Incredible New Cue For Balancing Intensity

In my periodized 12-week cycling clinic, today is the first day we intentionally went into Zone 5 (above threshold) for longer than a handful of seconds. Yup, HIT baby! Over the past few weeks, we’ve done a fair amount of hard work in Zone 4, which is sub-threshold, on up to LT. In some of those efforts, we might have “leaked” above threshold for short periods.

But today was the day to turn up the throttle. This profile I used today was really fun, and is one of the Audio Master Classes you can expect in the next week. (I’ve got three of them coming in short order as a reward for being patient as we’re working through this new website relaunch.)

This morning, I used an incredible cue that I learned from Gene Nacey to help my students understand the importance of balance in their efforts throughout the week. In fact, it’s also a teaser to an upcoming product you all may be interested in.

When I was in Pittsburgh two weeks ago filming at the Cycling Fusion HQ, Gene Nacey introduced me to their upcoming product called Ride Journal. Basically, it is an online journal that keeps track of your training zones, and your time in zones based on your HR input. You can enter your goals, and it will create a training plan based on the criteria you enter. (You’ll have to wait for Gene to introduce the product for a full explanation. We will do an audio interview.)

Ride Journal uses buckets as a fabulous visual to show you how much time you spend in each zone. There are five buckets, one representing each zone, and the colors of the paint in the buckets corresponds to the same colors on the zones in Class Builder. (Brilliant!) As you train, your time in zone is tracked, filling the paint in the corresponding bucket.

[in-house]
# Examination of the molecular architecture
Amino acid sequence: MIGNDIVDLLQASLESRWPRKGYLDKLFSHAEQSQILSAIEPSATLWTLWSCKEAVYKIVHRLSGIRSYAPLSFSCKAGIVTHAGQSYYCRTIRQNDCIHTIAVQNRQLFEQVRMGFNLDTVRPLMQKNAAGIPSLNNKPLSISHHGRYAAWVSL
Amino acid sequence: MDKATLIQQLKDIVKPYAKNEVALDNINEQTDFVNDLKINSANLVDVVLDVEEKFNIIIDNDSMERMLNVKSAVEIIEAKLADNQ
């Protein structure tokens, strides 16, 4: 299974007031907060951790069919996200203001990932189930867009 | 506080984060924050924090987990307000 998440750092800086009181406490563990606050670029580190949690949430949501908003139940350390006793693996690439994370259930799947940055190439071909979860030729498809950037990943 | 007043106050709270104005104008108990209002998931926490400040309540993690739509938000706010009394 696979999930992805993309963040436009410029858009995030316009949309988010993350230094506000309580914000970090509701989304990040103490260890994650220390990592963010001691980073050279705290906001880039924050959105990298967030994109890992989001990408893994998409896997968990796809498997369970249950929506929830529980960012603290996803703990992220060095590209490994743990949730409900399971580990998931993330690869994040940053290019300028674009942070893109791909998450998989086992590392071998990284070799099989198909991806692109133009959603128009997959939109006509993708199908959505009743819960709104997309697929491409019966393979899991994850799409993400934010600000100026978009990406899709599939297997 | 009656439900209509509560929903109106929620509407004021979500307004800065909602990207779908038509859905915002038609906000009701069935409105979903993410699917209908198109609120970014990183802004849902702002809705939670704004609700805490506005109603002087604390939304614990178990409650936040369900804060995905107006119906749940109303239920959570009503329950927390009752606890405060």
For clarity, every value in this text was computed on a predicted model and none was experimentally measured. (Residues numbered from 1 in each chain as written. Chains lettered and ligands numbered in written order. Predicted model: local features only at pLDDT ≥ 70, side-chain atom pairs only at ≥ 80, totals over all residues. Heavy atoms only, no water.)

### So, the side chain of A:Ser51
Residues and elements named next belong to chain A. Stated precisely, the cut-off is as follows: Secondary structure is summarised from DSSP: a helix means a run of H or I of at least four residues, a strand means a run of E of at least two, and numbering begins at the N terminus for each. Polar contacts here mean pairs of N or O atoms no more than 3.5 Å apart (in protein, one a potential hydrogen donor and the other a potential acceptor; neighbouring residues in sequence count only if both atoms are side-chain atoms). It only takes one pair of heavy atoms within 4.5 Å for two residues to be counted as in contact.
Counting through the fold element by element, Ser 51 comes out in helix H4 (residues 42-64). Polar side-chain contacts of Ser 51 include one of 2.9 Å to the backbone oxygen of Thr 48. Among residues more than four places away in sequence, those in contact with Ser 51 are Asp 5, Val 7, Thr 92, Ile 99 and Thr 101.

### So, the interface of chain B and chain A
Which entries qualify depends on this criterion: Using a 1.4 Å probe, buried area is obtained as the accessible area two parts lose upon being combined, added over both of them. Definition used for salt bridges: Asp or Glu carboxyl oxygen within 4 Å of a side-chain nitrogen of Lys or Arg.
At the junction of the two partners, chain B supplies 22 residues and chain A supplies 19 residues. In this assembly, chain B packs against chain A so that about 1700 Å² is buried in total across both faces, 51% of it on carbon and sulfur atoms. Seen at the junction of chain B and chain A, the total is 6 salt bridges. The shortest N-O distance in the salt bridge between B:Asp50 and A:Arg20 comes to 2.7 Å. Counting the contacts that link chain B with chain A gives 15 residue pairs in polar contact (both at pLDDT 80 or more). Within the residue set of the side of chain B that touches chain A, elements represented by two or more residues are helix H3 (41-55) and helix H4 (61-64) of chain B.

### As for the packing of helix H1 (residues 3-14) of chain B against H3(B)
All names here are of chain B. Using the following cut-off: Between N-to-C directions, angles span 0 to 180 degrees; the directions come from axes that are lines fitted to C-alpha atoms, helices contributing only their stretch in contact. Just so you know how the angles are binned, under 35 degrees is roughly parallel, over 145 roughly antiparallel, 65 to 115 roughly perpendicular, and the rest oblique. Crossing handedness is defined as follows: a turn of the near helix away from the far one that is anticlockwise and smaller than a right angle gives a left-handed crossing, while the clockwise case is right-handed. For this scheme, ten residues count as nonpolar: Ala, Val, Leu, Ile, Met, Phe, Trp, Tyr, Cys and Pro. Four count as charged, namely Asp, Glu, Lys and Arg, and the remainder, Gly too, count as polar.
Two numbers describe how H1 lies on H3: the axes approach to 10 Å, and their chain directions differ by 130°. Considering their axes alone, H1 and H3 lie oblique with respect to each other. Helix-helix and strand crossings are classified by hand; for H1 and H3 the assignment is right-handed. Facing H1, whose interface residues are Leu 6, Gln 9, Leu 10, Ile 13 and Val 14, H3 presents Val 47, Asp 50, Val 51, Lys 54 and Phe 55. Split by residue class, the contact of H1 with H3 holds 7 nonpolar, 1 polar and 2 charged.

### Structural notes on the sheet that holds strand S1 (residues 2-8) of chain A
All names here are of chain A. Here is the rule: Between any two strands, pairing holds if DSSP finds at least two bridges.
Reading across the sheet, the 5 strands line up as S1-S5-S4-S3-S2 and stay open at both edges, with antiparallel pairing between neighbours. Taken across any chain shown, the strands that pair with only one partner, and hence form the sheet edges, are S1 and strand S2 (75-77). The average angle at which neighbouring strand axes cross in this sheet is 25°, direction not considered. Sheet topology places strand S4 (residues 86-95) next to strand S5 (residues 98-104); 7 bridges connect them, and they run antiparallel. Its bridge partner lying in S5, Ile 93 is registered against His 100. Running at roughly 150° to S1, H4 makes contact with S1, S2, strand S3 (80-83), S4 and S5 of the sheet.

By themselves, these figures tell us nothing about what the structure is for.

Here is an image that Gene sent me from his Ride Journal on his iPhone.periodized_phone_screen

After each ride, based on the information you had entered about your training objective and your corresponding training plan, Ride Journal will let you know when you need more time in certain zones, and it will alert you when your “cup runneth over”! If Zone 4 and 5 are spilling over, you know you need to do a recovery ride the next time you get on the bike.

This visual is so powerful, isn’t it? My students have not seen this yet (I’ll be sending this image to them soon), but I still used this concept today as we finished our first anaerobic interval class. I definitely got some nods of understanding out of them. This is what I said (keep in mind, they are very informed about their own training zones):
As you know, we’ve been working pretty hard in Zone 4, and today is the first time we’ve gone into Zone 5 on purpose. You might have leaked a little into Zone 5 during the field tests, or during some of the threshold intervals, but nothing substantial until today.

Think of each of your training zones as a bucket. Every time you train in that heart rate zone, you are filling that particular bucket with paint. We’ve done a lot of Zone 3 work, especially in the early part of this program. For the past 3 weeks, we’ve been filling up the Zone 4 bucket a lot more. Anytime we cool down or recover, you are filling your Zone 1 bucket, and those workouts after our hard days, you’ve hopefully been following orders and pouring even more into that Zone 1 bucket…right? Zone 2 you are filling on your own, with your homework rides.

Over the next few weeks, we’ll be dumping more and more into that Zone 5 bucket, but keep in mind, it’s a smaller volume bucket, and can easily overflow if you aren’t careful. You’ve got to balance it by adding more into your 1 and 2 buckets!

I will follow up by sending them this attached image which should solidify the visual and help them realize the importance of balance in their workouts.

As for Ride Journal, it’s only about a month away from being launched officially, so stay tuned. It’s being beta-tested now, and I’ll receive my own version this week and will be reporting to you as I go along and learn how to use it.

I have a feeling you are going to want this product—and so will your students!

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